Windows 7 is the latest instalment in the Microsoft operating system family. Following on from the much maligned Windows Vista, Windows 7 has a much warmer reception from critics and consumers.
Time synchronisation on Windows 7 is extremely straight forward as the protocol NTP (Network Time Protocol) is built-in to Windows 7 and the operating system automatically synchronises the computer’s clock by connecting to the Microsoft time service time.windows.com.
This is useful for many home users but the synchronisation across the Internet is not secure enough for a computer network for the following reason:
To connect to any Internet time source such as time.windows.com a post is required to be left open in the firewall. As with any open port in a network firewall this can be used as a point of entry by a malicious user or some malicious software.
The time synchronisation facility in Windows 7 can be turned off and is quite simple to do by opening the time and date dialogue box and uncheck the synchronization box.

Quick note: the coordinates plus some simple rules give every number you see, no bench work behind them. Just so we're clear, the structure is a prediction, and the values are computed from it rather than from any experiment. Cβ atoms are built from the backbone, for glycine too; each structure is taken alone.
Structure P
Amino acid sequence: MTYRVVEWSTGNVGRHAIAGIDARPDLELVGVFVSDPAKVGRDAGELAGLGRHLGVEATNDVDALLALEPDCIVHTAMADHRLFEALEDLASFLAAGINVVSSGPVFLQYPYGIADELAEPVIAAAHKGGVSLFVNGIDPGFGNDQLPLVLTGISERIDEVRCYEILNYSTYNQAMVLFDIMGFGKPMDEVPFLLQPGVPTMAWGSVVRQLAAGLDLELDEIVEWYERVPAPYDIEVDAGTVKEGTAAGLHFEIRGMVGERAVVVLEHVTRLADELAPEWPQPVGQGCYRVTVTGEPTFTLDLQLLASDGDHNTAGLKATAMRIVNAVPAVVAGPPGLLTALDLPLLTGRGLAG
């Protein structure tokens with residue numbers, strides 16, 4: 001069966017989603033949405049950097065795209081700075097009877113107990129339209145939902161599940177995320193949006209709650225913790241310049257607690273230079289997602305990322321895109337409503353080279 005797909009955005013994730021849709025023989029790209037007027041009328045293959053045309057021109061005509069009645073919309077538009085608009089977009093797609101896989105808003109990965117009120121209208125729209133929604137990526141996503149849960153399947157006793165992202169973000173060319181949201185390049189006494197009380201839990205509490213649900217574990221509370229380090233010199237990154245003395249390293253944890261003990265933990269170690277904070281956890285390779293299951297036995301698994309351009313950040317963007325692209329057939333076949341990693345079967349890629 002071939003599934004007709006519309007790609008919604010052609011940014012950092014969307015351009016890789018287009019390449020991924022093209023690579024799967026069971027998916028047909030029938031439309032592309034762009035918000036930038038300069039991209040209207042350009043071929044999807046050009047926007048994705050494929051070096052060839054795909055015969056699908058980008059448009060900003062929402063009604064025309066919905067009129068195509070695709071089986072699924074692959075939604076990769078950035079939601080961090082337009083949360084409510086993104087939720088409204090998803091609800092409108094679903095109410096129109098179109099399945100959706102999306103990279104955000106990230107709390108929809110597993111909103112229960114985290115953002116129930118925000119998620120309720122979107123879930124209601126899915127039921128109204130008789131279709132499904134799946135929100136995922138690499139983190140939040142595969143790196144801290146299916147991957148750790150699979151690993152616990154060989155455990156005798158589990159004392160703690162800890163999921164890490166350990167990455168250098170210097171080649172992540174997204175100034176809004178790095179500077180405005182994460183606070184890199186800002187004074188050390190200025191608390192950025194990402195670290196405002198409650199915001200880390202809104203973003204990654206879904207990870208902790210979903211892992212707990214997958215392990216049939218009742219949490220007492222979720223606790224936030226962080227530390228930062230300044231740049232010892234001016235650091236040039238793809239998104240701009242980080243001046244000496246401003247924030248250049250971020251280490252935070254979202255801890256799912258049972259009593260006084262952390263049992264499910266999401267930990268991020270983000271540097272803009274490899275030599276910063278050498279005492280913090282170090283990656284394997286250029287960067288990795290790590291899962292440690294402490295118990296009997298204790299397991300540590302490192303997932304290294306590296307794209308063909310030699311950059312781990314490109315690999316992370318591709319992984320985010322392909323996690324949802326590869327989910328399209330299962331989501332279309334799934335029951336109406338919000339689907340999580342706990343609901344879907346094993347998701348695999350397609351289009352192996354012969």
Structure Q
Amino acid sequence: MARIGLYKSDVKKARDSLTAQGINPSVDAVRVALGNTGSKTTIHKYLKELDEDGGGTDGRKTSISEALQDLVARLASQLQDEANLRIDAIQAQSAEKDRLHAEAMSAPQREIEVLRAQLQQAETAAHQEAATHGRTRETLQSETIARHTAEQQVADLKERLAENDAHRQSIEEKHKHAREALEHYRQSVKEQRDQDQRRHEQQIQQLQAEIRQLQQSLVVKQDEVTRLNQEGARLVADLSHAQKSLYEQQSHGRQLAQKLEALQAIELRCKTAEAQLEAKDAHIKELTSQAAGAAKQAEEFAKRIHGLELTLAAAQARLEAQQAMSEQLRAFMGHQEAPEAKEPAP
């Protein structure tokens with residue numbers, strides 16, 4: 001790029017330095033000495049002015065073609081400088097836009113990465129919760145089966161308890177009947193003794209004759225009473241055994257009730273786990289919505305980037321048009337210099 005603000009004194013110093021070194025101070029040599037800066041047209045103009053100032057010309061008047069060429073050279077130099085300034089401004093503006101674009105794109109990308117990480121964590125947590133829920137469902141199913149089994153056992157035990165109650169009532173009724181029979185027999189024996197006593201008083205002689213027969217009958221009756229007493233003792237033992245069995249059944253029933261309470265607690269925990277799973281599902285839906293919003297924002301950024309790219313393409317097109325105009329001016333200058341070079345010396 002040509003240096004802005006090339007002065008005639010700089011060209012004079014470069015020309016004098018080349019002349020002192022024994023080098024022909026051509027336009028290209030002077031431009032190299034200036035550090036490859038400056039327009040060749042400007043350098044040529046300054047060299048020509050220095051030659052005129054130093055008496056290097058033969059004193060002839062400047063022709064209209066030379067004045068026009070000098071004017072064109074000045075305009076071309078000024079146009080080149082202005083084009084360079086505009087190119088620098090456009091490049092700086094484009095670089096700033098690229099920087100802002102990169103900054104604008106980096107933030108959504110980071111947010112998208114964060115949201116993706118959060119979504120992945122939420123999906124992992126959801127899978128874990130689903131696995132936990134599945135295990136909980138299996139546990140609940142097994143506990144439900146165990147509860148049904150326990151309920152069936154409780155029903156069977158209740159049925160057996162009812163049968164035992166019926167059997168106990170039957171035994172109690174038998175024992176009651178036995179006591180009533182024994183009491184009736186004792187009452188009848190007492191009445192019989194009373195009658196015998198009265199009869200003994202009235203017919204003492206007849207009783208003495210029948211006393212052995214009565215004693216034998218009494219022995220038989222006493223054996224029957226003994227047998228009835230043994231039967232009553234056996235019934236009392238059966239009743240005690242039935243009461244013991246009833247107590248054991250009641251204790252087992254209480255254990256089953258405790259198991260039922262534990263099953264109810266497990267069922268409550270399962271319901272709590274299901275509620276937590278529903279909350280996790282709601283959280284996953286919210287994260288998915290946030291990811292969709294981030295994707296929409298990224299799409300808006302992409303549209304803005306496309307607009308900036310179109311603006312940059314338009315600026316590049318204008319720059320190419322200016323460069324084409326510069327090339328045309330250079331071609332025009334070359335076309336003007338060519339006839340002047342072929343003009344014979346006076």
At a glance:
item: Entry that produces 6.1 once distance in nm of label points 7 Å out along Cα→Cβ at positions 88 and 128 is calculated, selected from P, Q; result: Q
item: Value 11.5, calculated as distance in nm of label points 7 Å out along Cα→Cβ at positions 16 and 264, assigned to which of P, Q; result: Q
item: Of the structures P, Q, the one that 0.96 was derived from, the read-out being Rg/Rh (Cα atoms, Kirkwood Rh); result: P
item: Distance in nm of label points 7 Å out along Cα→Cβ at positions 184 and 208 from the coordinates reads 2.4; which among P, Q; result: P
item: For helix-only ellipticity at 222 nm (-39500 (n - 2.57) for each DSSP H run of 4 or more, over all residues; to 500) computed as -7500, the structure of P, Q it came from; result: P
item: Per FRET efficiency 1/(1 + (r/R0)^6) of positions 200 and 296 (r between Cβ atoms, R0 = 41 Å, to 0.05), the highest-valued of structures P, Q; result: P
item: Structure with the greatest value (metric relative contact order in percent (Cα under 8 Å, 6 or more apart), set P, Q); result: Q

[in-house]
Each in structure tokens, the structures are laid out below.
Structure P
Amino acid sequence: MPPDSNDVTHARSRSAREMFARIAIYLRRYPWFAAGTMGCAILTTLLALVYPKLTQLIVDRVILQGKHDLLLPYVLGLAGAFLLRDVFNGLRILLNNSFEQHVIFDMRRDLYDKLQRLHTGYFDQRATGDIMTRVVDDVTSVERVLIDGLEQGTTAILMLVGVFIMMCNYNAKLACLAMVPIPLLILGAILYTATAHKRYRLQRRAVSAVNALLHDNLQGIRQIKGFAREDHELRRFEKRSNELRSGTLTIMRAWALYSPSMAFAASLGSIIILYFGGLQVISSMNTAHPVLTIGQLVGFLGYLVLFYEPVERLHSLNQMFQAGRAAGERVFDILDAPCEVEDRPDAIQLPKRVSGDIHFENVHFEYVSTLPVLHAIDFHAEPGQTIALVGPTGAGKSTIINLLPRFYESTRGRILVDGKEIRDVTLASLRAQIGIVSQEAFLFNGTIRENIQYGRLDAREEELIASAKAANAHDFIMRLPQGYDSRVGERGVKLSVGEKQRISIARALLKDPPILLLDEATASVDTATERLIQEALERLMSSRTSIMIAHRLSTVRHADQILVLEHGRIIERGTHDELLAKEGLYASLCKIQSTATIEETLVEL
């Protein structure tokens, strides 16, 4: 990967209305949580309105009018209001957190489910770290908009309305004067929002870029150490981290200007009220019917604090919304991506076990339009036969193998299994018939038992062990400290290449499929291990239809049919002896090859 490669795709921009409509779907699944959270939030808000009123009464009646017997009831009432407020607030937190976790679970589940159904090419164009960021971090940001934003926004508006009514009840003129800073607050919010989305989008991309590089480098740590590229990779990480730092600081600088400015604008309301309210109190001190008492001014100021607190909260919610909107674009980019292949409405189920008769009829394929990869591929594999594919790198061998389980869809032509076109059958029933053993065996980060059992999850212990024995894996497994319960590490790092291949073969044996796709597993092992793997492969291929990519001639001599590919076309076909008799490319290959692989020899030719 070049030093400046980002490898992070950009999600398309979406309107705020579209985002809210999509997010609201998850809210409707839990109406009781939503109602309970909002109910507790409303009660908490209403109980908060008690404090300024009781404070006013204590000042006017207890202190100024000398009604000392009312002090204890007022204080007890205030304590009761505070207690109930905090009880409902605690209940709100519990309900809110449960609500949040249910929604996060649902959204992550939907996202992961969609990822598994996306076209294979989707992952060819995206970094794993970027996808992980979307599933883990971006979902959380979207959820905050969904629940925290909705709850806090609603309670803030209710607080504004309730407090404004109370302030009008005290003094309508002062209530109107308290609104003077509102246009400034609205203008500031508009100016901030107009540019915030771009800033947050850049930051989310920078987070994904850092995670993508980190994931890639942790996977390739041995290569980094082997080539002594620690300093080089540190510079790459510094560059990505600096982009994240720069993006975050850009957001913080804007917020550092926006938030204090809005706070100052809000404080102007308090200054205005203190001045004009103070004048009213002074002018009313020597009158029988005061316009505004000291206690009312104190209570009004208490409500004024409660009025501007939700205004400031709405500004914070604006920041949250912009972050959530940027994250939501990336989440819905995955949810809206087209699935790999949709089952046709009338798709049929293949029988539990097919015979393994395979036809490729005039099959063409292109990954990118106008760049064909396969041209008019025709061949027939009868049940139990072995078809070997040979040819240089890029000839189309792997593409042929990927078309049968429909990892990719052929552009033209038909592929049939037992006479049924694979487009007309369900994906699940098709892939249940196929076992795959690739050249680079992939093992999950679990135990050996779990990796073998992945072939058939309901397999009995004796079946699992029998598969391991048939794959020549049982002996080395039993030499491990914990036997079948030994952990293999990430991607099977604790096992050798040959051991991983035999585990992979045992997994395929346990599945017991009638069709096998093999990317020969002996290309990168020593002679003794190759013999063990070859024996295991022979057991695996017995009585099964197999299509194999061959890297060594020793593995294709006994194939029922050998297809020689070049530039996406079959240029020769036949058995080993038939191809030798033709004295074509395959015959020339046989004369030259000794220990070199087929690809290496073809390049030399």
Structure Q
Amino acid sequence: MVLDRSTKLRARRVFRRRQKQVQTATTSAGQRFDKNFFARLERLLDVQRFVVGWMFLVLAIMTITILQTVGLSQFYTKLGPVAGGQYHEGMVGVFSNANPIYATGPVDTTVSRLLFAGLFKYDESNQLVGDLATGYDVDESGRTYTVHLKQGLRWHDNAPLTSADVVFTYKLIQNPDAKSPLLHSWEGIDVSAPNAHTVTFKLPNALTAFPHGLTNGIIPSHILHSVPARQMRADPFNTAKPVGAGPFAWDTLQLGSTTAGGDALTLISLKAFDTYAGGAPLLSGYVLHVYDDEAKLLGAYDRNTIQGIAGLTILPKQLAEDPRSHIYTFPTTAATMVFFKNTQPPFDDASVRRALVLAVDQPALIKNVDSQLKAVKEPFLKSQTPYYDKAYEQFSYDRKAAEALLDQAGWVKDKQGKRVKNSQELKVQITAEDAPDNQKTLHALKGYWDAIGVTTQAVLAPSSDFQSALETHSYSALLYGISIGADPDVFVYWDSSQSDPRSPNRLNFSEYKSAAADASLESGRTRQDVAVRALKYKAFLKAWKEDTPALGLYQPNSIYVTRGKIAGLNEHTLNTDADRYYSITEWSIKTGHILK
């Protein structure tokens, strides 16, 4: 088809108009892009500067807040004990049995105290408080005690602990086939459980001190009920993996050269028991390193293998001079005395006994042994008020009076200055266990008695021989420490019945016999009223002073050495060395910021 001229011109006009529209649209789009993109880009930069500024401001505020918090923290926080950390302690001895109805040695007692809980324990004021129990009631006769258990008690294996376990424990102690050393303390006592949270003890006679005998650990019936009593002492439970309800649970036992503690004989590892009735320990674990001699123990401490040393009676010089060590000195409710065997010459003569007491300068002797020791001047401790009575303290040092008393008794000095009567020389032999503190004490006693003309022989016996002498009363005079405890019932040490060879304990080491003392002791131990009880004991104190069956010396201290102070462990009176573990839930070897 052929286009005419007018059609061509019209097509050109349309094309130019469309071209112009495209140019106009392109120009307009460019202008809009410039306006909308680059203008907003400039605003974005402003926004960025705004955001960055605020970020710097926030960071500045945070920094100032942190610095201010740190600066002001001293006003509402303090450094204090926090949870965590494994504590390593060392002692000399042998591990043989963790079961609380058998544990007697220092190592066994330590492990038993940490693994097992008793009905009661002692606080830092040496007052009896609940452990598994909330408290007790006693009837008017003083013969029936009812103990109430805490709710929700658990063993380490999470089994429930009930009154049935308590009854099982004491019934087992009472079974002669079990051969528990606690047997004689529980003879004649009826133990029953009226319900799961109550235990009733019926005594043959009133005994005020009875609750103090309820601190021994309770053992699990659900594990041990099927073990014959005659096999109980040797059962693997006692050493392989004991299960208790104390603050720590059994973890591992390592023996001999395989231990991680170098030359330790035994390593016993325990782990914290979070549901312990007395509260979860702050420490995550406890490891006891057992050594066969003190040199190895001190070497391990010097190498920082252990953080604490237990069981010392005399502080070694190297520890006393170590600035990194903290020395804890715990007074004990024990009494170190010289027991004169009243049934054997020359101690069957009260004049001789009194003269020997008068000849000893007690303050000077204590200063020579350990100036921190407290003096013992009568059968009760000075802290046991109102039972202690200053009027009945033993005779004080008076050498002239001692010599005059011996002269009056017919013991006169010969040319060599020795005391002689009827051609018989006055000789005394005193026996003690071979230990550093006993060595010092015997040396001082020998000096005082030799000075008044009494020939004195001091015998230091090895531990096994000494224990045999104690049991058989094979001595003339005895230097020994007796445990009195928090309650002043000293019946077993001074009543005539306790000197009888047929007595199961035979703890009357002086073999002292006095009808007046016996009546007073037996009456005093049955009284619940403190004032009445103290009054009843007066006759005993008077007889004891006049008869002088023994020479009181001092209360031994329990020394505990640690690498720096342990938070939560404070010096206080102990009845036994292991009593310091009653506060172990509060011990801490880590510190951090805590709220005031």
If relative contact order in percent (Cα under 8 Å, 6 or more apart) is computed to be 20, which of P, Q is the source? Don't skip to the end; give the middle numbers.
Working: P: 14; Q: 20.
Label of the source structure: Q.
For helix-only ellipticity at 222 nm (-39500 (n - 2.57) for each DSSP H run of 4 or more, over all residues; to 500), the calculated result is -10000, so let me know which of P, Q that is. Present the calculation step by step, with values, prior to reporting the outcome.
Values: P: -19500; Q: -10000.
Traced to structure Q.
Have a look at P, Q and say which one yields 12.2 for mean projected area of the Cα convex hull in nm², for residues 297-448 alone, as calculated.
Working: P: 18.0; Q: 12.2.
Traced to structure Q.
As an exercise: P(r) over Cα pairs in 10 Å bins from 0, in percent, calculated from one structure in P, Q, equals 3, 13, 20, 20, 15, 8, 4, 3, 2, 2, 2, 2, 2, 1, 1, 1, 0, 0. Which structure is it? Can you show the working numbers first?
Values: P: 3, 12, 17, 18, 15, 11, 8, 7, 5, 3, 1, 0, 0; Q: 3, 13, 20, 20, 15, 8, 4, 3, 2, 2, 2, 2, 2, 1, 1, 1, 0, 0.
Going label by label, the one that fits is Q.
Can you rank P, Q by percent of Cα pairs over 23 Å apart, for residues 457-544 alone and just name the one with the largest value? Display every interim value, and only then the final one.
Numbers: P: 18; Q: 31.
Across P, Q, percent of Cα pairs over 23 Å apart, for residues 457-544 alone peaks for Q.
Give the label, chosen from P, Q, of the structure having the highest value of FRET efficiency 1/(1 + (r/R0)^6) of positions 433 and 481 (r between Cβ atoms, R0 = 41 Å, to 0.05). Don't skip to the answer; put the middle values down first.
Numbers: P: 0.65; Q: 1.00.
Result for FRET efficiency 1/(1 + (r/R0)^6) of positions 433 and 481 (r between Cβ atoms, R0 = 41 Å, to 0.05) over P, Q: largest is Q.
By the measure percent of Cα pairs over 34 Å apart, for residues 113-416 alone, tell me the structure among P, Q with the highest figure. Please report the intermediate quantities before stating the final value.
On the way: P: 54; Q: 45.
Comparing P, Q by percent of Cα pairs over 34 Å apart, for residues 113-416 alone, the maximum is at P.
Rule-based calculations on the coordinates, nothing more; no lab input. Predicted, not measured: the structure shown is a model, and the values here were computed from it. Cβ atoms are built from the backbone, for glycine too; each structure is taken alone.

However, time synchronisation on a network is vital so if the Internet time service is turned off it needs to be replaced with a secure and accurate source of time.
By far the best way of doing this is to use a time source that’s external to the network (and the firewall).
The simplest, safest and most accurate way of synchronizing a Windows 7 network is to use a dedicated NTP server. These devices use a time reference from either a radio frequency (usually distributed by national physics laboratories such as Britain’s NPL and America’s NIST) or from the GPS satellite network.
Because both these reference sources come from atomic clock sources they are incredibly accurate too and a Windows 7 network that consists of hundreds of machines can be synchronised to within a few milliseconds of the global timescale UTC (Coordinated Universal Time) by utilising just one NTP time server.